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N.Y. Joins 10 Other U.S. States With Suspected SARS Cases

15 people in U.S. have possible symptoms of the deadly global respiratory illness.

THURSDAY, March 20 , 2003 (HealthDayNews) -- The number of suspect cases of a deadly global respiratory illness in the United States rose to 15 Thursday after New York City health officials said that they had two possible cases there.

The New York announcement brings to 11 the number of states now reporting people who may have symptoms consistent with severe acute respiratory syndrome (SARS). The illness has killed 15 people and sickened more than 600 in 10 other countries.

A 67-year-old man is in hospital isolation in stable condition and a 27-year-old woman was treated and is now home, a New York City Department of Health and Mental Hygiene statement said.

The health department statement was quick to add that neither person had been in contact with a Singapore surgeon, who briefly attended a medical conference in the city last week and is now a confirmed SARS case quarantined in Frankfurt, Germany.

" Both individuals traveled to Guangdong province in China and to Hong Kong, where there have been several suspected cases of SARS, between late February and mid-March," the statement said. New York City health officials declined further comment Thursday.

Elsewhere in the country there were these reports:

  • Three people in California appear to have symptoms, according to an updated U.S. Centers for Disease Control and Prevention health list, which boosted the number of potential U.S. SARS cases to 13 Thursday. The list, posted on the CDC Website, did not include the two cases announced in New York.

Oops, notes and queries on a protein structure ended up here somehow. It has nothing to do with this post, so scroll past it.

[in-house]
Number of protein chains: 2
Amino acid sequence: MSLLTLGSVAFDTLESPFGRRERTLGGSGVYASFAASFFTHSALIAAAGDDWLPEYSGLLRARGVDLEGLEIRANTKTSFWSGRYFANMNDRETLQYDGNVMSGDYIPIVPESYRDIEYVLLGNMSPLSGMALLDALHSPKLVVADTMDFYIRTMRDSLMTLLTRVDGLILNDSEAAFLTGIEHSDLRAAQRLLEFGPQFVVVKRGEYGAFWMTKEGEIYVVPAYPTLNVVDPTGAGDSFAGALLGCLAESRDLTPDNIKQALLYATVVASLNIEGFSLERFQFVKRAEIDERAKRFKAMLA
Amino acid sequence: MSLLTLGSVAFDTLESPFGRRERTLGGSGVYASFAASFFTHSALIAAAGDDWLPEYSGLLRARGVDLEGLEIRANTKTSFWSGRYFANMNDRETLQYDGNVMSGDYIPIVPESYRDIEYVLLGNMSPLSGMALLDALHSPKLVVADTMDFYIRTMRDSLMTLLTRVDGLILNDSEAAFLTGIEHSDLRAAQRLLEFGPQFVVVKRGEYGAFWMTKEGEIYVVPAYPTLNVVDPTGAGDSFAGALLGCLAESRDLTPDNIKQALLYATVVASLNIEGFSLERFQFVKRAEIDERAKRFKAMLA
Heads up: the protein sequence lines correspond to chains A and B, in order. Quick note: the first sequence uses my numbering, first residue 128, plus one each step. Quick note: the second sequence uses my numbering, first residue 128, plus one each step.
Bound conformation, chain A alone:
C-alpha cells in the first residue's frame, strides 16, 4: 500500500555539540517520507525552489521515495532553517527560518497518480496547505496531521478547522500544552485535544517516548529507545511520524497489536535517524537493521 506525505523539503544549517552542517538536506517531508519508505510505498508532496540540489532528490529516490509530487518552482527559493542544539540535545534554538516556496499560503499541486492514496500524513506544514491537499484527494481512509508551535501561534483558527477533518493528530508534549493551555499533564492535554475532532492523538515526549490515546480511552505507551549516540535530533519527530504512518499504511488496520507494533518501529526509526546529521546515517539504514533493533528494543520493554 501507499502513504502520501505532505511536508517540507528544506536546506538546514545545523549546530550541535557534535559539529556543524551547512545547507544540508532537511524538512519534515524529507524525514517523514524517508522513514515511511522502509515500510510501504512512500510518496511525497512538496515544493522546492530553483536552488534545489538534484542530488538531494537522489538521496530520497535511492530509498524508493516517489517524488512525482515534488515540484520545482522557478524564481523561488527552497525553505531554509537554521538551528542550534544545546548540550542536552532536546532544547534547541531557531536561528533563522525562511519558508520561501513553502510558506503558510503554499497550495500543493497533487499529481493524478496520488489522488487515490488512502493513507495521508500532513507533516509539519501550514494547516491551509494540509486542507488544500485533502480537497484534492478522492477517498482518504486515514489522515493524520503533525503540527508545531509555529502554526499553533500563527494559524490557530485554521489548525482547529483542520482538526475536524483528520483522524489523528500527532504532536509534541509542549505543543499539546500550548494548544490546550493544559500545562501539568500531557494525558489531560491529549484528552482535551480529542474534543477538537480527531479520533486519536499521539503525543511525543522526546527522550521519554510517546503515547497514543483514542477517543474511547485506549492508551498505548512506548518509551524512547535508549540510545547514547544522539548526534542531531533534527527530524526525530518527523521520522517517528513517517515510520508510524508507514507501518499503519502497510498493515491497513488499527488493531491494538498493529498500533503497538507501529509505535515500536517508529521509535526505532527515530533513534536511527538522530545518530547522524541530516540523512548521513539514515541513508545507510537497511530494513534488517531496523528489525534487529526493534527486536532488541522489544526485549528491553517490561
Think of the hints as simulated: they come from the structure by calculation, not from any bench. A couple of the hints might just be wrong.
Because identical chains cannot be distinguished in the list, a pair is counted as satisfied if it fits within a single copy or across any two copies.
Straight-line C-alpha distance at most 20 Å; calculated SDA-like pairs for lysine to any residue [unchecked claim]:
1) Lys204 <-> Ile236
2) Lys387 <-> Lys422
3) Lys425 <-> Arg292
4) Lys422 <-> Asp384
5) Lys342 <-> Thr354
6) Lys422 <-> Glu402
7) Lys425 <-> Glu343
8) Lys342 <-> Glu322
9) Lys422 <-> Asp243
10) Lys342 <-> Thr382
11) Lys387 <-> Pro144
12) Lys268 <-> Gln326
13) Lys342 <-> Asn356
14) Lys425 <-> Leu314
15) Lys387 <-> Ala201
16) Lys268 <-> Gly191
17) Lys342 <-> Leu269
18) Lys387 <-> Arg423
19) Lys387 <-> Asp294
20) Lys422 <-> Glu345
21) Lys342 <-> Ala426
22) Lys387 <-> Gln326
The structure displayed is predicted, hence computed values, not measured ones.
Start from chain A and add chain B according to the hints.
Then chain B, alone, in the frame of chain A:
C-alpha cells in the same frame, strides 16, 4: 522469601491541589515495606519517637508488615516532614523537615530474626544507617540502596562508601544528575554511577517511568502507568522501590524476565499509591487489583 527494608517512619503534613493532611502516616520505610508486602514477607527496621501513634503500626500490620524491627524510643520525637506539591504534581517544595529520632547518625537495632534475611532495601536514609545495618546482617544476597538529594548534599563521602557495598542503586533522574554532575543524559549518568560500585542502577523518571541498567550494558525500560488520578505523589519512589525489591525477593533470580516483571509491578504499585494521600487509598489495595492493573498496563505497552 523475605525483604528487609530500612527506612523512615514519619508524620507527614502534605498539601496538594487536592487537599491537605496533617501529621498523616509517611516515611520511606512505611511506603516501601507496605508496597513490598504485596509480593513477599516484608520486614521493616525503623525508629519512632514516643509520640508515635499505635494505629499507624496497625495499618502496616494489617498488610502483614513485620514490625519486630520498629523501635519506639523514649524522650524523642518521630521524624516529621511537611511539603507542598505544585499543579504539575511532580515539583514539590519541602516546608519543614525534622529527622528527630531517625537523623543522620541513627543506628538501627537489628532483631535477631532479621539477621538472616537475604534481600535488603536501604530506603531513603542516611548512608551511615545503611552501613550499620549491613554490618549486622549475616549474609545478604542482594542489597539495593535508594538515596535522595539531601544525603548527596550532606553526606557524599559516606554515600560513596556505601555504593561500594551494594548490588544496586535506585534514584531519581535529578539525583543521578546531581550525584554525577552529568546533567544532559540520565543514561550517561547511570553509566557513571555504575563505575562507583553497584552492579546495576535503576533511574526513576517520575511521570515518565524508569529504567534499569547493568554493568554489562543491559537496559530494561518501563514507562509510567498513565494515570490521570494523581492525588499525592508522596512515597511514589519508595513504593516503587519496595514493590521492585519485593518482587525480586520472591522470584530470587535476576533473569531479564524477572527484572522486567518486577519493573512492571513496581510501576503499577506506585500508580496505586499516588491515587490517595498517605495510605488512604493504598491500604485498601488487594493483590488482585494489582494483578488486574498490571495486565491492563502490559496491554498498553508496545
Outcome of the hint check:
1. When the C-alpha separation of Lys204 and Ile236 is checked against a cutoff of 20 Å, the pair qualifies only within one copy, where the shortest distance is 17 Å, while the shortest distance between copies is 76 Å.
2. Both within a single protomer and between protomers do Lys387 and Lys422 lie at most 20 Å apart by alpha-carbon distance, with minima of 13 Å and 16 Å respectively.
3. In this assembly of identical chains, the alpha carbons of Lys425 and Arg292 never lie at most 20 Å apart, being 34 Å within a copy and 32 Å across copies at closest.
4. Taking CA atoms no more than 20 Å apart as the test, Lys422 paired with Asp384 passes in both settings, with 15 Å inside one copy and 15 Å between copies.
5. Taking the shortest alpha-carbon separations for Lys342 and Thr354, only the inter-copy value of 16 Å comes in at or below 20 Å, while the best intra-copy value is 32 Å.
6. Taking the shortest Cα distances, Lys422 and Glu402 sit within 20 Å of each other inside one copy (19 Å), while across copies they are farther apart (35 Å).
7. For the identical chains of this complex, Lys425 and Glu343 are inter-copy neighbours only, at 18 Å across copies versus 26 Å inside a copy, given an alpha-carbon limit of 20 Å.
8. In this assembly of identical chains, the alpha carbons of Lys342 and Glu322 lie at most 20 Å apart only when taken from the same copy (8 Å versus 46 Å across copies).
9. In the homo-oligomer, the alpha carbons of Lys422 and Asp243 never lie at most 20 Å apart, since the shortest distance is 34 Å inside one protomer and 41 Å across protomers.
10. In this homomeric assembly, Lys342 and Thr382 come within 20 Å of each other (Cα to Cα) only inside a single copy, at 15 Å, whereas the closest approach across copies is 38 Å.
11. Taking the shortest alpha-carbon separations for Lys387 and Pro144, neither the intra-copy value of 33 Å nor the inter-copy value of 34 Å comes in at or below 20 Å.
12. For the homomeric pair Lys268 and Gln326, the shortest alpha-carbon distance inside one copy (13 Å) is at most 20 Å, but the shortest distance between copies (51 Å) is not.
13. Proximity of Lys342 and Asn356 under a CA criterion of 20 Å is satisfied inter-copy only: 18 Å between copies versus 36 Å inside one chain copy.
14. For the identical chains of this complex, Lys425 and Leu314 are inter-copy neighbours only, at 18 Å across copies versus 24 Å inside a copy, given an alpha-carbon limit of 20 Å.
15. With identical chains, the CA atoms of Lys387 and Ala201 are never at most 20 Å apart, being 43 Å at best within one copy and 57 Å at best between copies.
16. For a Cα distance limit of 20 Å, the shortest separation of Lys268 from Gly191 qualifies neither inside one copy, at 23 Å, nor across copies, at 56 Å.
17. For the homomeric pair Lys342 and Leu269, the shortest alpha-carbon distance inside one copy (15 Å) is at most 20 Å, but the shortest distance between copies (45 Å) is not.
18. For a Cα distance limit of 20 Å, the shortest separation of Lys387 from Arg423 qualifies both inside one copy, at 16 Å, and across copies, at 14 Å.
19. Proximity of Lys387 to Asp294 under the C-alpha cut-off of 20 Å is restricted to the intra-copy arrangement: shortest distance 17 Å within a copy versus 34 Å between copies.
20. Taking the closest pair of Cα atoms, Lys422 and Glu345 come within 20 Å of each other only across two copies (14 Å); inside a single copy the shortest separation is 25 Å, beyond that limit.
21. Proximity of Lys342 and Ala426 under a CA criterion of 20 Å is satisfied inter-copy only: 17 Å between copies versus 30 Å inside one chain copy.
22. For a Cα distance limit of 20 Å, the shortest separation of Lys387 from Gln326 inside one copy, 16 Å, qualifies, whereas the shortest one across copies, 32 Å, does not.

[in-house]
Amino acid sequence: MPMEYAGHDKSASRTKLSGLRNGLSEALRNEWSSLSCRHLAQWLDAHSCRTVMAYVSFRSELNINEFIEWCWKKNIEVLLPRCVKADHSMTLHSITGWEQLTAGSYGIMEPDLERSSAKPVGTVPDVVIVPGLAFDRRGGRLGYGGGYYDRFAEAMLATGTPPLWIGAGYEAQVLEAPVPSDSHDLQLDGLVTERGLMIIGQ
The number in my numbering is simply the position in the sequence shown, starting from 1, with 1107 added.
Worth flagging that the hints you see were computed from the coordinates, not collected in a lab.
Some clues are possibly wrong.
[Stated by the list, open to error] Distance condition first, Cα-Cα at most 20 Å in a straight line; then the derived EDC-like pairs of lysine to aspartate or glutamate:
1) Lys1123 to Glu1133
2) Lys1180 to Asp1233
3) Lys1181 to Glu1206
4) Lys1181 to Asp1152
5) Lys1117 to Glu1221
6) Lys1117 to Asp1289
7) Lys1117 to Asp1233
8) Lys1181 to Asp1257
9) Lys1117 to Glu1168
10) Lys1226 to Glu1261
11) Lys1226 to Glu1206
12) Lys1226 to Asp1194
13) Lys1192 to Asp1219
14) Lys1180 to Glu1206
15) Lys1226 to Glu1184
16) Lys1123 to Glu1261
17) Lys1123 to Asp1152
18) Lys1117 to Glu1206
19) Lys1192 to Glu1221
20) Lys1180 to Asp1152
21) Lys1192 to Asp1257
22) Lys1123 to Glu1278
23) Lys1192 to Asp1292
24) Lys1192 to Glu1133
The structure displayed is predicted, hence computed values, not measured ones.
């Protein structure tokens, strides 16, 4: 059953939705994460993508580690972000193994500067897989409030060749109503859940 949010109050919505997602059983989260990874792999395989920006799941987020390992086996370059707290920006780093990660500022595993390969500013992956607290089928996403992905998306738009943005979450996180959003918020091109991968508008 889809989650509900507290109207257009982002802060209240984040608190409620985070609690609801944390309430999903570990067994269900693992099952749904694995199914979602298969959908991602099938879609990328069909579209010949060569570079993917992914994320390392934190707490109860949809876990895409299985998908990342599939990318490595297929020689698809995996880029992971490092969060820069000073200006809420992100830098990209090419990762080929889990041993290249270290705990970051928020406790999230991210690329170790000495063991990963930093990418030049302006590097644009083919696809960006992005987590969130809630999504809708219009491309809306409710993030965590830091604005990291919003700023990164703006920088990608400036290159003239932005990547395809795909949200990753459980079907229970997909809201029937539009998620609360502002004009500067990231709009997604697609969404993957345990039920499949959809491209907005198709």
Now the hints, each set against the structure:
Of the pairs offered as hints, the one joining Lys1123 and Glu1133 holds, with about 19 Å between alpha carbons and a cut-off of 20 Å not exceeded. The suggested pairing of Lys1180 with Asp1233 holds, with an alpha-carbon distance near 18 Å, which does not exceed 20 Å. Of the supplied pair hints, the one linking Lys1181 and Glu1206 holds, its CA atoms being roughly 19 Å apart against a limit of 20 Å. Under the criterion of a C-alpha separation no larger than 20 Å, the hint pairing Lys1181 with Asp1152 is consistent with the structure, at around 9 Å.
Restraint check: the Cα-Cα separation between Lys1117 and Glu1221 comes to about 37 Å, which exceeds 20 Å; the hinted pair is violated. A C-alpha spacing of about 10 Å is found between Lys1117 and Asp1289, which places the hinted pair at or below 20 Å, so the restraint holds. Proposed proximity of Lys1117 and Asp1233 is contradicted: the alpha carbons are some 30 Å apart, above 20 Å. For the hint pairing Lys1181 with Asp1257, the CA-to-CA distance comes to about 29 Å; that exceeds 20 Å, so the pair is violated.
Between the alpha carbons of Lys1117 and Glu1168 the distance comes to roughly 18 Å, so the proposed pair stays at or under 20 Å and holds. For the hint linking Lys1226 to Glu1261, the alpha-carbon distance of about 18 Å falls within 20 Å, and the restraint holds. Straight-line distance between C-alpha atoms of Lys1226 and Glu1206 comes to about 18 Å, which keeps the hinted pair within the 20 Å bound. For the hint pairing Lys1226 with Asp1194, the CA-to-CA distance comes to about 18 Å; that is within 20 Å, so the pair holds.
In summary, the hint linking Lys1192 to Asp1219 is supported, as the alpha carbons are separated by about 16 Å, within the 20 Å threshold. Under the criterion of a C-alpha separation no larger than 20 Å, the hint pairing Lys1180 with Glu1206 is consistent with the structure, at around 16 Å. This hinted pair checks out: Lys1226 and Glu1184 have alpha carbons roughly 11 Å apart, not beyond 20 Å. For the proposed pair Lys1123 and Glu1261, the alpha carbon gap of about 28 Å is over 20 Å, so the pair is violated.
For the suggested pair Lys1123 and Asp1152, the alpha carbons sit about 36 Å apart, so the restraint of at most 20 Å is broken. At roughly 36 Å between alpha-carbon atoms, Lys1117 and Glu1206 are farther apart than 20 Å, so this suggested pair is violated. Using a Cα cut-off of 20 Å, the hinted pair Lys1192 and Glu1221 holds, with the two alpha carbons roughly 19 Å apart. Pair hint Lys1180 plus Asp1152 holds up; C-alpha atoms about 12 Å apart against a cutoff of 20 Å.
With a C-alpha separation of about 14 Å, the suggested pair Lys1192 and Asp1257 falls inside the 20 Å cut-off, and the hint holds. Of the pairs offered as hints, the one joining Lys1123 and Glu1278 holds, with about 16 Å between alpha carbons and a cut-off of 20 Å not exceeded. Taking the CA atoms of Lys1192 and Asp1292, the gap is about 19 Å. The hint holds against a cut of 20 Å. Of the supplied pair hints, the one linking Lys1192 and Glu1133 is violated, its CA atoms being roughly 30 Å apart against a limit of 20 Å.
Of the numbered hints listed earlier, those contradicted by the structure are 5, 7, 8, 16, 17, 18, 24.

• Among the California victims was an unidentified L.A. man who took ill March 11 shortly after returning from a visit to Vietnam, Hong Kong and China, the Los Angeles Times reports. Also sickened was his child, who was hospitalized earlier this week but has now largely recovered, the Los Angeles County Department of Health Services said.
  • In New Mexico, a patient from Albuquerque, who recently returned from Hong Kong, was in a hospital's respiratory isolation unit, state health officials told the Associated Press.
  • In Virginia, state health officials said there was one case in the Hampton Roads area, but withheld other details, the Washington Post reports.
  • In Hawaii, state health officials were investigating two cases: a Kauai resident who had traveled to Hong Kong and a hospital staff member who came in contact with her. Both women have recovered and were released from hospital after experiencing relatively mild illnesses, the Honolulu Advertiser reports.
  • And in northern New Jersey, state health officials report that a 36-year-old woman was discharged from an undisclosed hospital earlier this week after being hospitalized for two weeks following a trip to Asia, the Newark Star-Ledger reports.
  • The five other states now listed by the CDC for suspected cases are: Maine, Massachusetts, Tennessee and Wisconsin, each with one case, and North Carolina, with two.

The CDC's updates of its potential-cases list mimic the ebb-and-flow of case reports elsewhere in the world. All of which makes the global head count of victims appear ever-shifting.

The official number of SARS victims was 306, according to a World Health Organization (WHO) tally Thursday. Its official death list of 10 included: five deaths in Hong Kong and two in Canada, along with a French doctor and nurse and an American businessman they had been treating in Hanoi, Vietnam.

But the WHO list does not include five deaths and 300 illnesses in a similar outbreak in China's Guangdong province that ended in February.